Free from the dilemma of buying the free-range or organic eggs (I own my own coop with eight hens), the Israeli government has decided to make a law that will require the Made-In label on every egg sold in Israeli supermarkets. The public was aghast apparently at the news that millions of the eggs sold on the local market do not originate in Israel, but come from countries such as Turkey which does not control for salmonella. Some 80 million eggs are imported to Israel every year from Turkey, more than half of the 3 percent of all foreign imports and the health inspection on these eggs are limited, according to Haaretz. Some of them are sold under the Tnuva label, which includes pictures of hens out to pasture in verdant fields. Likely the opposite of how these eggs are raised.
The egg market in Israelis huge, turning over NIS 710 million a year (about $177 million USD). The dominant players are Tnuva with a 44% market share, followed by Glicksman (21%) and M. Lesser with 10%.
According to surveys more than 80 percent of Israelis would buy local eggs if given the choice, so the companies have an interest to hide this information from consumers. The new labelling would include a code that tells the conditions in which the chickens were raised.
The label law was reported this week in Haaretz, and it comes on the heels of last summer’s tent protests and an Israeli public that is demanding more and more transparency in food prices and the food market in general. I hope for all Israelis that the egg effort to label every egg will pay off in other directions too. There have been scandals in Israel over re-frozen beef and frozen fish from China pumped with water. And as they come to awareness, one firm has found outrageous levels of potential carcinogens in ceramic pots and pans.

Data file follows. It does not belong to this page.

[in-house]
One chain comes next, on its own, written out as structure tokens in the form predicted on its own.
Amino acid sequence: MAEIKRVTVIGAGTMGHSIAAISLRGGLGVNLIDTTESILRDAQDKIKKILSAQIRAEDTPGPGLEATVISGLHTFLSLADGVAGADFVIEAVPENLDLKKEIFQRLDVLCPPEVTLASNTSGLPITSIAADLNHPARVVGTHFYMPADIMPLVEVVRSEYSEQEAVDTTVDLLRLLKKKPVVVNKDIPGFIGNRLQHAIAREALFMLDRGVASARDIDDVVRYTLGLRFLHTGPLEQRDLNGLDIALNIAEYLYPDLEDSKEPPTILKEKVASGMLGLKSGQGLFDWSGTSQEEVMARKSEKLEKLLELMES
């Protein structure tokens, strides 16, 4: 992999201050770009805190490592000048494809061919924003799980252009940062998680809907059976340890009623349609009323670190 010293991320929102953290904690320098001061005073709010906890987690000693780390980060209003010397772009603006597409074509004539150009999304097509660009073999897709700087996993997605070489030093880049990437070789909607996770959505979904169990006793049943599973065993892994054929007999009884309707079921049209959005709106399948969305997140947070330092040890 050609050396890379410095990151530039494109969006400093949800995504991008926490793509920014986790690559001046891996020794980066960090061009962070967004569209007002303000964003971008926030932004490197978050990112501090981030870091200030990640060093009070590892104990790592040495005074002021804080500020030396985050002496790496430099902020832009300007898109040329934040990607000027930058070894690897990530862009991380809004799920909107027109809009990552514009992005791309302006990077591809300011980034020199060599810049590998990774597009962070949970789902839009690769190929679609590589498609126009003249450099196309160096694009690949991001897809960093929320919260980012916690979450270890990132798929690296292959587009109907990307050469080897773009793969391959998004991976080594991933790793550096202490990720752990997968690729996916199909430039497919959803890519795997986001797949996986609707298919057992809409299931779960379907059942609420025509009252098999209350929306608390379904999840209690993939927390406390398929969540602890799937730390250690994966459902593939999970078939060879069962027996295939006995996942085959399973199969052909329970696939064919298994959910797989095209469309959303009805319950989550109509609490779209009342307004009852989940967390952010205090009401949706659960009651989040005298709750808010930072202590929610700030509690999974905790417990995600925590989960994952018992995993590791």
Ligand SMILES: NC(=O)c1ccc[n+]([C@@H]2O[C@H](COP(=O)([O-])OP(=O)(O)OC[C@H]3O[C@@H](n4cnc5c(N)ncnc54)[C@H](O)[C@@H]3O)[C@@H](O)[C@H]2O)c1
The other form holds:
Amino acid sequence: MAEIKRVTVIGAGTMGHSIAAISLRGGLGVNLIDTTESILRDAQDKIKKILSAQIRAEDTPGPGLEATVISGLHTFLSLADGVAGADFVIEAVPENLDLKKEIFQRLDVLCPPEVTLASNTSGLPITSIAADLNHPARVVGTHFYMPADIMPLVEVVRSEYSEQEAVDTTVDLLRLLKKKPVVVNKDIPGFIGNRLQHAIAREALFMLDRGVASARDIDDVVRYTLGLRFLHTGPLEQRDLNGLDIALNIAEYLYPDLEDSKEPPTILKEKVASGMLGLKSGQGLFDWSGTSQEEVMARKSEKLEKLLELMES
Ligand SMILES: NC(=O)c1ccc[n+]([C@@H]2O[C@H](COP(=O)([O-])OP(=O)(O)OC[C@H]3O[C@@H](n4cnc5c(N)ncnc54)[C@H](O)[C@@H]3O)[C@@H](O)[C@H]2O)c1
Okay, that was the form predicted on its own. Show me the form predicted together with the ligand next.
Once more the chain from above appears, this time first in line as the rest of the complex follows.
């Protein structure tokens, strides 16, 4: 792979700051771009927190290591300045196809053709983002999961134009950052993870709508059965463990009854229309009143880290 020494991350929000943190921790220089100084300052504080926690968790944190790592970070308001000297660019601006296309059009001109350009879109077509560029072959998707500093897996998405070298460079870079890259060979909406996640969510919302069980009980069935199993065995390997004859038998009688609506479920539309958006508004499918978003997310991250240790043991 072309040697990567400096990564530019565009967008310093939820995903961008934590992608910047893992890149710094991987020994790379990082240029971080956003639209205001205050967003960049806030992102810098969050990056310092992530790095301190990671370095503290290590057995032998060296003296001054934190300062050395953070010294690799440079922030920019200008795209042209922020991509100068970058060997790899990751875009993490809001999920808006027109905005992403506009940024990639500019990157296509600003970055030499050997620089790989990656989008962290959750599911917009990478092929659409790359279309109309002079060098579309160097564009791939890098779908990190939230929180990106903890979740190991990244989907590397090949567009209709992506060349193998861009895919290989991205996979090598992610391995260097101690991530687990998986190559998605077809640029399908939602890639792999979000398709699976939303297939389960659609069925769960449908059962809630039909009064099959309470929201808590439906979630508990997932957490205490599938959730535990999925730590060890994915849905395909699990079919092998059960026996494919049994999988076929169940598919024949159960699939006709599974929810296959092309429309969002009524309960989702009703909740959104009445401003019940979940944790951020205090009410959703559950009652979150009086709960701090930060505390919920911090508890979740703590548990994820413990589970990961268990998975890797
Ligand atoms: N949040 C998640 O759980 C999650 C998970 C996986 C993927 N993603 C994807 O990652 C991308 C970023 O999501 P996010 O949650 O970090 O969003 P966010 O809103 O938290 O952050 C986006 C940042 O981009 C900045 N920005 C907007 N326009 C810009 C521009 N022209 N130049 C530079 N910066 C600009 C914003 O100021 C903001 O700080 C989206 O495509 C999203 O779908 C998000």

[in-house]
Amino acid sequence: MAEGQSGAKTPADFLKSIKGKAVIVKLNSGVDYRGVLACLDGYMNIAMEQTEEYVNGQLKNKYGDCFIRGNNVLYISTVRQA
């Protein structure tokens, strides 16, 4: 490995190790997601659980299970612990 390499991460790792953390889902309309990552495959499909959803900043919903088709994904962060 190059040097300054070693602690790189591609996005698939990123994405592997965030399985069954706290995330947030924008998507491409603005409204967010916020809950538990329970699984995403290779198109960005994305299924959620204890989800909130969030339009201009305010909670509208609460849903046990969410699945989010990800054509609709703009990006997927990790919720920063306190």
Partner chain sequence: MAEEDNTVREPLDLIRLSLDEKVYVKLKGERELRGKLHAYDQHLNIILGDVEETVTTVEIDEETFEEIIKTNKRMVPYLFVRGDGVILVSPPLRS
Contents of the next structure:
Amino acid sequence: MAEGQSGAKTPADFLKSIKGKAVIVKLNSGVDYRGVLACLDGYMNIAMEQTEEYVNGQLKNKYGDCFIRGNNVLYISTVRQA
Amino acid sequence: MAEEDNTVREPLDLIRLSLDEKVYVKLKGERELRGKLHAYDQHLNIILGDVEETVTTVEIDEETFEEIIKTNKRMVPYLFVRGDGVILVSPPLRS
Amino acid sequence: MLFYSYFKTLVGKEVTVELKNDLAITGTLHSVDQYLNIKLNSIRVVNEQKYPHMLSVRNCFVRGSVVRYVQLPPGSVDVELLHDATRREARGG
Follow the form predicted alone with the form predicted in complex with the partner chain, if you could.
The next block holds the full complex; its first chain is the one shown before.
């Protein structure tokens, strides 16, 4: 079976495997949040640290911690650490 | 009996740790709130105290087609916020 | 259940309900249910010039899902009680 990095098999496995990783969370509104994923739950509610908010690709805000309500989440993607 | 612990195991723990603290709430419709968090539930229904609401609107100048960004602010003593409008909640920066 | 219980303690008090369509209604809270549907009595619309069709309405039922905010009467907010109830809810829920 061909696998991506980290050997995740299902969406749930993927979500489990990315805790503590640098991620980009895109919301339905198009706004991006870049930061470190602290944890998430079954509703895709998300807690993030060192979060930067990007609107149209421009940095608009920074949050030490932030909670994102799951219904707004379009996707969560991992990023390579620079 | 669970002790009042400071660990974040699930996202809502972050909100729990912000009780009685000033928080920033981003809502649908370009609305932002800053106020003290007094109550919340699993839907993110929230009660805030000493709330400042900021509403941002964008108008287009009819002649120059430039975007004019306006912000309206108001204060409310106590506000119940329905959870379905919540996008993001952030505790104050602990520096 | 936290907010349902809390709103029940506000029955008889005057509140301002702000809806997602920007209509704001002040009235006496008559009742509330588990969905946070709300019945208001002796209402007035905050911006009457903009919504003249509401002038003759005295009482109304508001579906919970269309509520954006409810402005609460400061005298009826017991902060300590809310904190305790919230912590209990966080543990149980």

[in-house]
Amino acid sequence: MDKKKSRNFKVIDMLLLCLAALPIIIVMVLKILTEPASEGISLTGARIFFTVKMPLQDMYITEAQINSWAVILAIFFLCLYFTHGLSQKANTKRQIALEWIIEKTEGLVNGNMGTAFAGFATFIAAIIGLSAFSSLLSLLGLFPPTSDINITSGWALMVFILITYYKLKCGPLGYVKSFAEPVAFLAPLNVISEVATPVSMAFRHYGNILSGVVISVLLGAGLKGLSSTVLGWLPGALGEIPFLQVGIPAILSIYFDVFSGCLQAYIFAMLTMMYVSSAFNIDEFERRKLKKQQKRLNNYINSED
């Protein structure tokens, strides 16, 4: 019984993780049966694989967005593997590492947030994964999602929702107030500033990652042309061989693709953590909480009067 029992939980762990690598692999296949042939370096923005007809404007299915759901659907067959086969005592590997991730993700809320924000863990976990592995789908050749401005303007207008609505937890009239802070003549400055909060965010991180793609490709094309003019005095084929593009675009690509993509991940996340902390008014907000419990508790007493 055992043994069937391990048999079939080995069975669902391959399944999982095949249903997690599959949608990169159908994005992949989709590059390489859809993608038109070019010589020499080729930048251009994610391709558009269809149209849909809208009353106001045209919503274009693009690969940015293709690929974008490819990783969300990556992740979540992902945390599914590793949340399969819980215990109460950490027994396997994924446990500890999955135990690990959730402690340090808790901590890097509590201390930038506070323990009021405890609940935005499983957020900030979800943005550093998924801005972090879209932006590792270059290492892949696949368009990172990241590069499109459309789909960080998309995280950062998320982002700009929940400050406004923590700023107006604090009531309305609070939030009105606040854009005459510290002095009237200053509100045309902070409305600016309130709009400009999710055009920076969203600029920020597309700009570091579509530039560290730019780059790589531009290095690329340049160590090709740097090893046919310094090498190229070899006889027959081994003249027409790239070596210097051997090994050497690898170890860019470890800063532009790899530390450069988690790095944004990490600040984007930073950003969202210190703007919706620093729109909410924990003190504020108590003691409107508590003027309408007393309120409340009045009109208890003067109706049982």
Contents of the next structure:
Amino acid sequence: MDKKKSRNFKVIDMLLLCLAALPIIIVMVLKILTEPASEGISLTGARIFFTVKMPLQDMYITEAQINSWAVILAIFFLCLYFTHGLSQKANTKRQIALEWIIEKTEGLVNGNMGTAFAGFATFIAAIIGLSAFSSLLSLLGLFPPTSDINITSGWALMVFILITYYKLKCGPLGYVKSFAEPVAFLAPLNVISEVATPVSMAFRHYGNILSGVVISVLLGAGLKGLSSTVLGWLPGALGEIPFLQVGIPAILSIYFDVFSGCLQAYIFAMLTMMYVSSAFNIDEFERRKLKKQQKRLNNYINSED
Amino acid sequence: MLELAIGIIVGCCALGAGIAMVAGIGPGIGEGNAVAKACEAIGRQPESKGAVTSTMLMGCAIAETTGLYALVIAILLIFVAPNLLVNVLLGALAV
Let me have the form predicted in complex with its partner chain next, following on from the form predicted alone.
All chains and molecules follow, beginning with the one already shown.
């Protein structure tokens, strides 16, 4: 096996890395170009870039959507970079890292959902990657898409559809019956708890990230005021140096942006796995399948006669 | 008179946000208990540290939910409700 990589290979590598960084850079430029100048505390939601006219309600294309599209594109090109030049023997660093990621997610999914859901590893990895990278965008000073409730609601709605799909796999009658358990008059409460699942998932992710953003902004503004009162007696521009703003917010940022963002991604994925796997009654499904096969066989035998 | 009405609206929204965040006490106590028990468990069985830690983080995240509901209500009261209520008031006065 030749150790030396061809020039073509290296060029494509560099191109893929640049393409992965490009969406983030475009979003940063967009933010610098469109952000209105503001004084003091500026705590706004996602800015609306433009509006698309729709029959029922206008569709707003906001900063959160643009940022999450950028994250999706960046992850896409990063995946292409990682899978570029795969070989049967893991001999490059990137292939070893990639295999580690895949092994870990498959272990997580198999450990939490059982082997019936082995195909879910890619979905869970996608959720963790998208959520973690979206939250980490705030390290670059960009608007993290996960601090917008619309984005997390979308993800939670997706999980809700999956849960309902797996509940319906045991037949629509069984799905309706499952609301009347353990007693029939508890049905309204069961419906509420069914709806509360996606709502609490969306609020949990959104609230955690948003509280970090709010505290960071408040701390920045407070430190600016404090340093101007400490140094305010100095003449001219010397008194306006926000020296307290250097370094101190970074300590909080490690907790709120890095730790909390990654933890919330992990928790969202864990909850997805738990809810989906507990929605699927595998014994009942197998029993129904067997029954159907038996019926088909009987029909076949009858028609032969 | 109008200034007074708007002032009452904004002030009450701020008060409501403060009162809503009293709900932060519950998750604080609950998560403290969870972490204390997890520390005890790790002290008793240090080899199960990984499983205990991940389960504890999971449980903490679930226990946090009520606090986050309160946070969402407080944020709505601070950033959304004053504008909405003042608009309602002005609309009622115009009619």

Just today a local water report testing water at the tap from municipalities throughout Israel found unreasonable levels of heavy metals being supplied to homes throughout the country. A vast majority of the problems were found in Arab towns and villages. While the government regularly tests water in its municipal pipes, with the water coming up clean, this is the first time that water was tested at the taps. Outdated pipes are the reason for the unusually high levels of contaminants in the water, the report (and not yet online) stated.
So you’ve got a label on your eggs. One that you can feel good about. It’s time for the public to know where all our food comes from so that suppliers will be forced to be transparent, and the public better able to make educated decisions with their pockets.
Image of organic eggs from Shutterstock